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Tangos a la Carte

Tangos, in binary compás, often get scant attention, and subtle bad press seems to suggest they are not worthy of as much study as other forms.

Nowadays, thanks primarily to the work of Antonio Mairena and others who followed his path, most serious flamenco fans are capable of identifying numerous styles of soleá, siguiriya, and even tonás. However, tangos, in binary compás, often get scant attention, and subtle bad press seems to suggest they are not worthy of as much study as other forms. Nevertheless, considering the wide variety of tangos, we can see there are nearly as many distinguishable styles and locations as there are of soleá, a surprising richness. Although there are seldom specific attributions for the individual verses, each area has its unmistakable flavor, and being able to appreciate the characteristics of each one not only contributes to the listener’s pleasure but is also our duty as good aficionados.


At first glance, we can see that the branch of tangos, including tientos (but not tanguillos, which have a different path), makes use of more music, more varied and complex melodies, or a wider assortment of chords, unlike soleá/siguiriya, which employs limited harmony. This doesn’t mean the associated singing styles are simpler; quite the contrary. With less complicated music, the singer can and should contribute more personality.


Before the opening in flamenco singing set in motion by Camarón, one could speak of a varied but more or less fixed repertoire of identifiable styles of tangos. In the following decades however, tangos have acquired the same capacity of assimilation that we see in bulerías. In addition to the traditional styles, any popular, folkloric, or original song is sung as tangos.


Of traditional variants of tangos, the main ones are as follows:


Tango de Cádiz: These are the best-known and most-performed tangos. They have a musical and poetic format parallel to that of soleá, verses of 3 or 4 lines with 8 syllables, with or without repetitions according to the singer’s preference. They are in the flamenco or Phrygian scale and allow for coletillas or refrains linked to the main verse, as often heard in alegrías. The greatest interpreters of the tangos of Cádiz have been the traditional masters from Cádiz itself: Aurelio Sellés, Manolo Vargas, Pericón de Cádiz, Perla de Cádiz, Beni de Cádiz, or the dearly missed Chano Lobato, among others. At least one style of tangos is attributed to Jerez, that of Frijones.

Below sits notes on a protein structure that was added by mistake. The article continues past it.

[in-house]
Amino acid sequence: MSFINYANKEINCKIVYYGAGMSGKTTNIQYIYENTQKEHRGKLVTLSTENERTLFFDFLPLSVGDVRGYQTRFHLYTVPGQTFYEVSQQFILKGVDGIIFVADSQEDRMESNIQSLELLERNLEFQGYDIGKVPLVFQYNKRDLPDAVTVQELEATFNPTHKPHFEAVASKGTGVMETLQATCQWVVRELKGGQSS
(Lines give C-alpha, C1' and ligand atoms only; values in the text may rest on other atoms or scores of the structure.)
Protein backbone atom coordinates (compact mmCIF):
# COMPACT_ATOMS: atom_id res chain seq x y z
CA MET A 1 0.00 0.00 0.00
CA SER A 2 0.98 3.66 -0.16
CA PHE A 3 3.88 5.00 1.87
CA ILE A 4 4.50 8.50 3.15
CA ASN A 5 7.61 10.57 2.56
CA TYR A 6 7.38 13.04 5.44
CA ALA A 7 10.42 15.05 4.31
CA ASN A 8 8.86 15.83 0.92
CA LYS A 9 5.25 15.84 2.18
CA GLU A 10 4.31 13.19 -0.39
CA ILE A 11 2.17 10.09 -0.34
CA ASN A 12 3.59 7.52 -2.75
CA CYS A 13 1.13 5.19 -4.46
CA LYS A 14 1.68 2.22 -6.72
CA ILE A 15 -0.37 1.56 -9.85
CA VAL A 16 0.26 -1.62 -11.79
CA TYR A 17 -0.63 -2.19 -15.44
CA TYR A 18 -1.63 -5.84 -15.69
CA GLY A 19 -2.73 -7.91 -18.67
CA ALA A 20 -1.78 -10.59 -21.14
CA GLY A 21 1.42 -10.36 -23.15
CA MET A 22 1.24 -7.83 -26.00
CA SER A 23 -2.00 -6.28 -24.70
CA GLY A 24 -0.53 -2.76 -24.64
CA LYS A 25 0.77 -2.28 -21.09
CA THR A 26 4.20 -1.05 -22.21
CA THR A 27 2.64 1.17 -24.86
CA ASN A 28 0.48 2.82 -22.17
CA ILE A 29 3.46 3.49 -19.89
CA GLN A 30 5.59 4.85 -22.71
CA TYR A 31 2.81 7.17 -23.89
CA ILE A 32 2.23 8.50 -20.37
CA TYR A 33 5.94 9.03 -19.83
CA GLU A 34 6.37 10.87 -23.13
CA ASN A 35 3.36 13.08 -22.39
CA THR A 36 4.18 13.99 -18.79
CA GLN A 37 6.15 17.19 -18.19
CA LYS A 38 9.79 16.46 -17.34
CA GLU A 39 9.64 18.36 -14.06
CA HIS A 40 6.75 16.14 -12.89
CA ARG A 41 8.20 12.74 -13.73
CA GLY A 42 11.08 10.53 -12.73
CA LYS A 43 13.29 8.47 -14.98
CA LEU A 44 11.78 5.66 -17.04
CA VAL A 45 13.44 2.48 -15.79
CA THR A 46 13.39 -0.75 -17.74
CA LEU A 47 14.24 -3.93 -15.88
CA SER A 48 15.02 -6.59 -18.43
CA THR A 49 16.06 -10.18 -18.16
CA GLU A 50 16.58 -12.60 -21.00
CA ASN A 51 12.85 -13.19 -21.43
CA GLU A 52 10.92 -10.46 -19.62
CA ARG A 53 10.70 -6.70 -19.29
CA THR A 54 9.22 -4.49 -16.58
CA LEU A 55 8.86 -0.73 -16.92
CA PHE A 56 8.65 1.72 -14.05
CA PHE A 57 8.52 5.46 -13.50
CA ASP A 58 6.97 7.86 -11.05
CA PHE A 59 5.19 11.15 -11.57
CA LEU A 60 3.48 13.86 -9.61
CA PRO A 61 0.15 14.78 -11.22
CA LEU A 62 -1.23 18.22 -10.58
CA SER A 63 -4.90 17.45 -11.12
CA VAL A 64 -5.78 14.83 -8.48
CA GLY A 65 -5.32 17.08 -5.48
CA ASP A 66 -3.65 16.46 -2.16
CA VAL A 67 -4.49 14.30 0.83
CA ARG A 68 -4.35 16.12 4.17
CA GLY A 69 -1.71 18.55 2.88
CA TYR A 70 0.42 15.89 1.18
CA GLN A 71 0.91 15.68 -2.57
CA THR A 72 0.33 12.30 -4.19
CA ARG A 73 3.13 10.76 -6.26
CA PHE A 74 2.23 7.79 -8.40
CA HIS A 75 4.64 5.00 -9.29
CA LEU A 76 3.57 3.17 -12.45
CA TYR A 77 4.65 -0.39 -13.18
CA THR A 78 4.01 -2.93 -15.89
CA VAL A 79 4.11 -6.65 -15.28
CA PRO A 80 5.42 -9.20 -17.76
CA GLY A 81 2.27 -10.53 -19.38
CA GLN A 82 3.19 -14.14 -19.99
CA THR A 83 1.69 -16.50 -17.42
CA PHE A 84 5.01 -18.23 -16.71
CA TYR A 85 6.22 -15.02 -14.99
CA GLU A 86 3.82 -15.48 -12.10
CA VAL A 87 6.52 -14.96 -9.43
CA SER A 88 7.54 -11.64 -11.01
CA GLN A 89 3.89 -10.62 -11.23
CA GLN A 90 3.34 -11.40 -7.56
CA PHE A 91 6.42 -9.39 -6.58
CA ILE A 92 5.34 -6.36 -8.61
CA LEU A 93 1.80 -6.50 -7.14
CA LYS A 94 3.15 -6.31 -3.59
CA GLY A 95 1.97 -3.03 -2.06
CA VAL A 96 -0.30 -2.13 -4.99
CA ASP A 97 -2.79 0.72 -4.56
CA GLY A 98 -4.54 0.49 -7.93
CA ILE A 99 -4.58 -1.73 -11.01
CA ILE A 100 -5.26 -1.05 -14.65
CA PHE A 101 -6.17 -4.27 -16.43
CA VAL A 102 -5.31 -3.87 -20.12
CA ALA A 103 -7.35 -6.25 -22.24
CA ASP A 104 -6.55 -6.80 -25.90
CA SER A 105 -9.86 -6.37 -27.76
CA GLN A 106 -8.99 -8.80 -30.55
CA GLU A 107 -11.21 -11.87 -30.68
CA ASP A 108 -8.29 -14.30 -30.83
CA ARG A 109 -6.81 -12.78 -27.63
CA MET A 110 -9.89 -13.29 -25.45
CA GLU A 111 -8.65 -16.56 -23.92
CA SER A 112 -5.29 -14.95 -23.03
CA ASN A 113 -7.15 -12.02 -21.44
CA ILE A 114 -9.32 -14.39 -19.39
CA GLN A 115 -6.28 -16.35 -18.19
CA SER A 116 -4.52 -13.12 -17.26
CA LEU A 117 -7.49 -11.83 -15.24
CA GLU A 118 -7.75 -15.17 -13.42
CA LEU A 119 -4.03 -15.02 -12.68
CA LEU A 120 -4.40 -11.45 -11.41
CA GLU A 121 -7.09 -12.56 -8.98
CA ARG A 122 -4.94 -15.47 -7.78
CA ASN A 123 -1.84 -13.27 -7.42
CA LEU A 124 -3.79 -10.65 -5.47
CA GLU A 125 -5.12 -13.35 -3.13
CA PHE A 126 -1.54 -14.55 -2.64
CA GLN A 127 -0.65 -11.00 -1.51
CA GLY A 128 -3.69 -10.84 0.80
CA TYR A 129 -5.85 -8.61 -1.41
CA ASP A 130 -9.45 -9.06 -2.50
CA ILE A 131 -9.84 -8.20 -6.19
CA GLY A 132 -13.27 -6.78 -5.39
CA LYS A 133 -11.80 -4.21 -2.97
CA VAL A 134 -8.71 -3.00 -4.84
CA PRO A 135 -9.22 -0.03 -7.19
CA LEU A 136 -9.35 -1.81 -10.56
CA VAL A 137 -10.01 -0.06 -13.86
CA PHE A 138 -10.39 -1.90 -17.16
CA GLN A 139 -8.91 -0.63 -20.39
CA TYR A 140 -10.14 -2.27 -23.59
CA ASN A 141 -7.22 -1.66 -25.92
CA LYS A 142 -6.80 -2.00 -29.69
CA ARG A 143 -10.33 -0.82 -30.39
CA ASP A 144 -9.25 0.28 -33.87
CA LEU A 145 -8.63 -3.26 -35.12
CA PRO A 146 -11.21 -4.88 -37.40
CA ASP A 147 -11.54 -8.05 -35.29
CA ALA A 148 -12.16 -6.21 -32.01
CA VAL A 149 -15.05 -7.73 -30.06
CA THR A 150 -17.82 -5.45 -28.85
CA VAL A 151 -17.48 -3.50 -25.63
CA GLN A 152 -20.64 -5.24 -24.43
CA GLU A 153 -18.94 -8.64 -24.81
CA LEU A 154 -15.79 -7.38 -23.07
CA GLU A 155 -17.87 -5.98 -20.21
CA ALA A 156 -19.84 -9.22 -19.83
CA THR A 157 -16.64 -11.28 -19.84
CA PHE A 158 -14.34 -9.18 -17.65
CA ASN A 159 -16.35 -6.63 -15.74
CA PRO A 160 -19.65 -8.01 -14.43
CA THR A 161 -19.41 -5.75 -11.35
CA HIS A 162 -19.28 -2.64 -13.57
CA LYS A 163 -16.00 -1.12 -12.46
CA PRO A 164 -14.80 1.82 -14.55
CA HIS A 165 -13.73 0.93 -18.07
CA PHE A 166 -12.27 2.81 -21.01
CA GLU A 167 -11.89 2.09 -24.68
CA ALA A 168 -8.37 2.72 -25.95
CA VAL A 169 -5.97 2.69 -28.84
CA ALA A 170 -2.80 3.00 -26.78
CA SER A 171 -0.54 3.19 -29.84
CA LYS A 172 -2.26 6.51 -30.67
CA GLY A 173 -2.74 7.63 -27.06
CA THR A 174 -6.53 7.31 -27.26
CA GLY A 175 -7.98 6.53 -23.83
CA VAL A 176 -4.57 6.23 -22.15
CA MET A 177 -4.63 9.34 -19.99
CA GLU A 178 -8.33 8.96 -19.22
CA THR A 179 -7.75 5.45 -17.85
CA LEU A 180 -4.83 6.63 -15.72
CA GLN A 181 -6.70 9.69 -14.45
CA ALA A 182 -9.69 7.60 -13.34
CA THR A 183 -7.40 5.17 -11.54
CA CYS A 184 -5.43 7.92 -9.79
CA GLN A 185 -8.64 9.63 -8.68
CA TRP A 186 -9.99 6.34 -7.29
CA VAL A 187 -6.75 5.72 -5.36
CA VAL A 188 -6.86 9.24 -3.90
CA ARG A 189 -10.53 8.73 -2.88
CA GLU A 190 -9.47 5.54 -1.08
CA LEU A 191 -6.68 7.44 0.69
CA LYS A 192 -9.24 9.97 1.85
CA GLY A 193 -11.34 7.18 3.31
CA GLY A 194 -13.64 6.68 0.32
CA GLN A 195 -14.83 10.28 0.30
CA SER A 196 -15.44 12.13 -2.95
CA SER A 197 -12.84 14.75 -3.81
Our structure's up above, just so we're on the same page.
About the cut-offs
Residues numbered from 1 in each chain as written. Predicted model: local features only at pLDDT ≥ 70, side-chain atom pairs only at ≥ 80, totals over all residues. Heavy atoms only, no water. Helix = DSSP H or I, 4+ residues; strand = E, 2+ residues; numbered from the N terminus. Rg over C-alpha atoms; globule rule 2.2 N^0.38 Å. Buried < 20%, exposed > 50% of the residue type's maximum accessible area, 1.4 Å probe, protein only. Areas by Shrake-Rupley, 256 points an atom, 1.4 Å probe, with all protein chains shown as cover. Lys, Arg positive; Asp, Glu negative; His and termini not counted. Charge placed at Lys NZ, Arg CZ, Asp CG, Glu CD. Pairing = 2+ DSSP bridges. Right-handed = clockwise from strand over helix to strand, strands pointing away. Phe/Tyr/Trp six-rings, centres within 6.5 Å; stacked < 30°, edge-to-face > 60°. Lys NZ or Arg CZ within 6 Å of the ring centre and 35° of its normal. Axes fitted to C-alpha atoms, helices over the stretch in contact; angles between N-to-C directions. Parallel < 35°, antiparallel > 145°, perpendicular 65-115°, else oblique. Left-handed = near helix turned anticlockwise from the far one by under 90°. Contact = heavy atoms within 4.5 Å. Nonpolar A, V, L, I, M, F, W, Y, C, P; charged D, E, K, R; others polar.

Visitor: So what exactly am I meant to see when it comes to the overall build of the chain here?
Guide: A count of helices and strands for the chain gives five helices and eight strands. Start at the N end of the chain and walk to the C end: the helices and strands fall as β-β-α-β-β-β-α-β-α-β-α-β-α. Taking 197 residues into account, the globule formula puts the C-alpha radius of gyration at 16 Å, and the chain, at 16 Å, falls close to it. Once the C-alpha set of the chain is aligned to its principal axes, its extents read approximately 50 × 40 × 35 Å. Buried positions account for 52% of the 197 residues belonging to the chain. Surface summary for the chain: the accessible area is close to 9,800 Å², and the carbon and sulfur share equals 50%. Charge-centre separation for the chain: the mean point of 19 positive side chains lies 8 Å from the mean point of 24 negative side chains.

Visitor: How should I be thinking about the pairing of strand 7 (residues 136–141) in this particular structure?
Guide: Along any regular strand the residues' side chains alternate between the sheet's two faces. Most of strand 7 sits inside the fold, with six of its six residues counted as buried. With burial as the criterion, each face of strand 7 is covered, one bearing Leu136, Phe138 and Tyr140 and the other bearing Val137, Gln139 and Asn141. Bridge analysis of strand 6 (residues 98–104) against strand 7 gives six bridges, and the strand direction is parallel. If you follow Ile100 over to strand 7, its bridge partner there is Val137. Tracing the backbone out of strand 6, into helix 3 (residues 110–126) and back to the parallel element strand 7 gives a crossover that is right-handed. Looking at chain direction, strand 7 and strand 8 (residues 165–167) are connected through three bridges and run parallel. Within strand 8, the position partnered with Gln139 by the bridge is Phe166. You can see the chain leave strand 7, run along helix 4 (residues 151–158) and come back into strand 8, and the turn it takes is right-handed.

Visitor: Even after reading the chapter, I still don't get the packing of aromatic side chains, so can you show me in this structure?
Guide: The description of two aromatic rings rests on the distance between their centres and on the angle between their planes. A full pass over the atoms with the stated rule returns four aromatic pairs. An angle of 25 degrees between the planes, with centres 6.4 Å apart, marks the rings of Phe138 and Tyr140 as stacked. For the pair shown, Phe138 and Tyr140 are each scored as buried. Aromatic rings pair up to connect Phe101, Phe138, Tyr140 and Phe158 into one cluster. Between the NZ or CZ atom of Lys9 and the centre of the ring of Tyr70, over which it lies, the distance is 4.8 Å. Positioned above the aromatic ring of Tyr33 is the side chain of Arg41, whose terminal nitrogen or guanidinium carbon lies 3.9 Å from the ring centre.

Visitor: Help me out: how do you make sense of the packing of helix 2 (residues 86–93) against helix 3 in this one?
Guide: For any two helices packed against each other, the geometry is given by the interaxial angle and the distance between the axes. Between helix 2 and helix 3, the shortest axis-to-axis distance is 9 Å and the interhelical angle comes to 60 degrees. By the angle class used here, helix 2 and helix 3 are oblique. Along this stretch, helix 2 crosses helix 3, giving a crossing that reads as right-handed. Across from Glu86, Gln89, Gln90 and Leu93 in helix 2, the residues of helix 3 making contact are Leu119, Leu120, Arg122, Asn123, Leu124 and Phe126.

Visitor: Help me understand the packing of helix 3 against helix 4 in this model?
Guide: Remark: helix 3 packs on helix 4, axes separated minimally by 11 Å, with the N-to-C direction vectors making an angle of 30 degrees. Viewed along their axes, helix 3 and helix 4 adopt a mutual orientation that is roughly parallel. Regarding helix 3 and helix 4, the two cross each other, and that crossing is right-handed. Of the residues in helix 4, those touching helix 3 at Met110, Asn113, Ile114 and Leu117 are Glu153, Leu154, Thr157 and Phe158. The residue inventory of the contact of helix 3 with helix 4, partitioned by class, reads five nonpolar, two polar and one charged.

Tango extremeño: These non-Andalusian tangos were almost unknown to flamenco enthusiasts until Porrinas de Badajoz put them in circulation, and Camarón de la Isla further popularized them through his contact in Madrid with Juan Cantero, Ramón el Portugués, Guadiana and Marelu. They are in the Andalusian musical mode with a characteristic flavor, and are often rounded off with refrains sung in chorus. In addition to the above-mentioned singers, notable interpreters of these forms include La Kaíta and Remedios Amaya, as well as the late Indio Gitano and Antonia la Negra.


Tangos de Málaga: of Piyayo and of Repompa. These are the tangos that cause the most confusion, because they are considered Malaga styles, so “tangos de Málaga” can be either of the two. To further complicate matters, the so-called “tangos de la Repompa” are actually from La Pirula, the mother of La Cañeta, and it was La Repompa, the older sister of the current Repompa, who popularized them. Although for most enthusiasts they are tangos of Málaga origin, maestro Fosforito says they are forms that originated in Granada.


The tangos of La Repompa have a very flamenco air and distinctive melodies. There are four or five characteristic styles performed at a lively pace. Sometimes they are danced, but it is not common. To experience the flavor of these tangos, we must listen to the old recordings of La Repompa.


El Piyayo was a bohemian who spent part of his youth in Cuba towards the end of the 19th century. The tangos attributed to him can either be ten-line espinelas or the conventional four-line format. The characteristic melody flirts with major and minor scales, providing a Caribbean feel, and the verses speak of poverty, prison, or Piyayo’s experiences in the Cuban army. They are performed with a relaxed languid rhythm very suitable for dancing, which Antonio Gades managed to popularize in the sixties.


Tangos de Triana. According to Mairena and Molina, “in Triana, tangos were always sung for dancing, and no matter how far back we go in its history, the oral gypsy tradition confirms their existence.” There are old Triana tangos in the flamenco scale, such as those popularized by La Niña de los Peines, who was a great interpreter and creator of these songs.


There are other tangos purely from Triana, those of El Titi, cultivated and popularized by Naranjito de Triana and recorded by Fosforito, Manuel Vallejo and Antonio el Sevillano among others. These tangos have an associated type of dance featuring movements that are suggestive and even comical. They may be confused with the tangos del Piyayo as they are in the same musical mode.


Tangos de Granada. Another unmistakable flavor of tangos, the quintessential genre of Granada that forms the basis of any gathering or show in that area. Granada singer Juan Pinilla tells me there are around eight varieties of Granada tangos, from the fast-paced merengazos to the tangos paraos, which are not danced and have a leisurely rhythm.


Jerezana de adopción. Cantaora, guitarrista, bailaora y escritora. Flamenca por los cuatro costados. Sus artículos han sido publicados en numerosas revistas especializadas y es conferenciante bilingüe en Europa, Estados Unidos y Canadá.